News: Ant Utility For Build Analysis
Wondering why your Ant build is slow? Is your continuous integration server taking too long to produce your project builds? This project may help. This project includes a small number of classes for use with Ant that can help you to analyze your build in a non-intrusive manner. How it works: Ant provides some great facilities for customization. One of them is the org.apache.tools.ant.BuildListener . By implementing a build listener, you can get detailed information about the build without changing your build scripts. This utility contains a build listener that gathers and accumulates timing metrics for your build, and produces a report. The report can be visually inspected, or loaded into a spreadsheet since it's in CSV format. See https://antutility.dev.java.net/ for more details.
- Posted by: David Green
- Posted on: July 06 2007 10:58 EDT
- Ant > JUnit > Hibernate by William Louth on July 06 2007 16:22 EDT
- Is anyone using Ant anymore ? by Nicolas Modrzyk on July 09 2007 00:12 EDT
- Nice tool by Peter Mularien on July 10 2007 10:45 EDT
- JUnit Testing with Hibernate by Sylvan Sam on May 15 2009 02:32 EDT
A very, very long time ago I added an extension to JXInsight that performs this and integrates the data with measurement data obtained from other extensions involved. The following article shows the profiling of ant tasks, junit tests cases as well as trace and transaction of Hibenate runtime. There is even tracing across processes and the data collected includes: CPU time, clock time, wait time, GC time, thread monitoring blocking time,.... Certainly enough information to understand any complex Ant build environment. http://www.jinspired.com/products/jxinsight/antjunittracing.html Today it would be even possible to profile and perform transaction analysis of a Ant build.xml containing JUnit/TestNG test cases calling over the wire (RMI, CORBA) to EJBs and then via JDBC to the database from within the JXInsight management console. Merge the snapshots from each process and you have distributed trace and transaction analysis!!! You can then perform some offline asserts on the actual execution behavior. All cool on paper and it does work but to be honest in practice most developers have very little incentive to be that diligent. regards, William Louth JXInsight Product Architect JINSPIRED "Performance monitoring and problem management for Java EE, SOA and Grid Computing" http://www.jinspired.com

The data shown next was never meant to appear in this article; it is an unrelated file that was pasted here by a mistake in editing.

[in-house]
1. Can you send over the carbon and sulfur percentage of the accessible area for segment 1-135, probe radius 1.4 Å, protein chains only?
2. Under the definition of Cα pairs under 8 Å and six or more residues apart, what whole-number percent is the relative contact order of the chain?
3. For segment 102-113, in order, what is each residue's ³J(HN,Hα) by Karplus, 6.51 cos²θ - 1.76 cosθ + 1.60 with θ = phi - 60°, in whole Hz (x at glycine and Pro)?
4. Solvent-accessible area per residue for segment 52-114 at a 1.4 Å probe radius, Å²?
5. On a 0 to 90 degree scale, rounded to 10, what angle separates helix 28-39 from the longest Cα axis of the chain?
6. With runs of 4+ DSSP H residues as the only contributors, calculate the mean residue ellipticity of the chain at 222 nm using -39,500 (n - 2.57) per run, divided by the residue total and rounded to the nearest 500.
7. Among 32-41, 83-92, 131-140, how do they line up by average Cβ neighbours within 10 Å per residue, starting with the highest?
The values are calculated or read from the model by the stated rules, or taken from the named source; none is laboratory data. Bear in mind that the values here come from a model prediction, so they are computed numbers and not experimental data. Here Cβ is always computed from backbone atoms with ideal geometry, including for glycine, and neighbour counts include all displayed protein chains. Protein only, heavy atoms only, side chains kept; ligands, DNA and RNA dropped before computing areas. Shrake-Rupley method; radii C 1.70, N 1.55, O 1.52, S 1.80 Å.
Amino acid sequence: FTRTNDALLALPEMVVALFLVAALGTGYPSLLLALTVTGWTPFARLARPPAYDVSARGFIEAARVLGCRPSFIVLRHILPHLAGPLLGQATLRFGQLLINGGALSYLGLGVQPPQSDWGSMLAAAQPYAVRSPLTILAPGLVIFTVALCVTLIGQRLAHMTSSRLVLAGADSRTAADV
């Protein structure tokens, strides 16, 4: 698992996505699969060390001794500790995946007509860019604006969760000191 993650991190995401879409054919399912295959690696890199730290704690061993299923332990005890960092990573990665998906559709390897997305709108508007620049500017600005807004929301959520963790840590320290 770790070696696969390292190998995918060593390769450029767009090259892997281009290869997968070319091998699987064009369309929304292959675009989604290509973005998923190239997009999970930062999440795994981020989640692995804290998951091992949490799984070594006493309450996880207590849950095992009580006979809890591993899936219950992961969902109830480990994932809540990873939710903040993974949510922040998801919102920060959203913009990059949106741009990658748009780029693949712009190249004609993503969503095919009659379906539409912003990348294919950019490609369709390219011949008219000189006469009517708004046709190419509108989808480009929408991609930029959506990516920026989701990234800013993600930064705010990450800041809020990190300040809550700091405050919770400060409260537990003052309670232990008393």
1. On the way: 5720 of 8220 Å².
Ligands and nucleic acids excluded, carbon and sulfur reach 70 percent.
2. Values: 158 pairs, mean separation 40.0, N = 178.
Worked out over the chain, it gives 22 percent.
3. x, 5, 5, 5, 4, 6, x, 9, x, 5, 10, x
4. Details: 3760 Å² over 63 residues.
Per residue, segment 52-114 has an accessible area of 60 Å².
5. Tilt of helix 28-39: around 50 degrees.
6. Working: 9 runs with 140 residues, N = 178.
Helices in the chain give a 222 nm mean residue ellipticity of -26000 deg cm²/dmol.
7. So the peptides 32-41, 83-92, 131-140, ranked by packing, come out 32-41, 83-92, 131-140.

with all the time wasted trying to get the xml junk to do anything anything that taking gigabytes in the SCM ? I am definitely in favor of tools like Buildr that can help me do an if or a for statement in less than 30 lines of xml junk. If the tool is taking time to write, time to execute, time to profile ... I think it's worth looking into alternatives.
All world is using Ant!
That's rhetorical. Hands up who's using buildr.
XML is not meant for human consumption, least of all configuration files. Just my 2 cents.
This is pretty nifty, David. Nice job! Had any thoughts about integrating the output into a CI tool such as CruiseControl?
This is pretty nifty, David. Nice job!Thanks, Peter. The intent was simple and non-intrusive. As far as CI integration, that's a great idea. No plans yet -- but it could be done. Perhaps the easiest thing to do would be to output the results as XML and provide a stylesheet that converts it to a nice HTML report. The CI build could then copy the report to the published artifacts folder. Thoughts?
Had any thoughts about integrating the output into a CI tool such as CruiseControl?
A method under test uses Hibernate to query the database. Hence the test case prepares data by inserting them into the table. For eg let us say feature A works with emp table and is developed and tested. Now for feature B, a new column is added to the same emp table, Although feature A does not depend on this column all test cases of feature A needs to updated now. This is turning out to be a costly issue. Is there is a better way to do this ?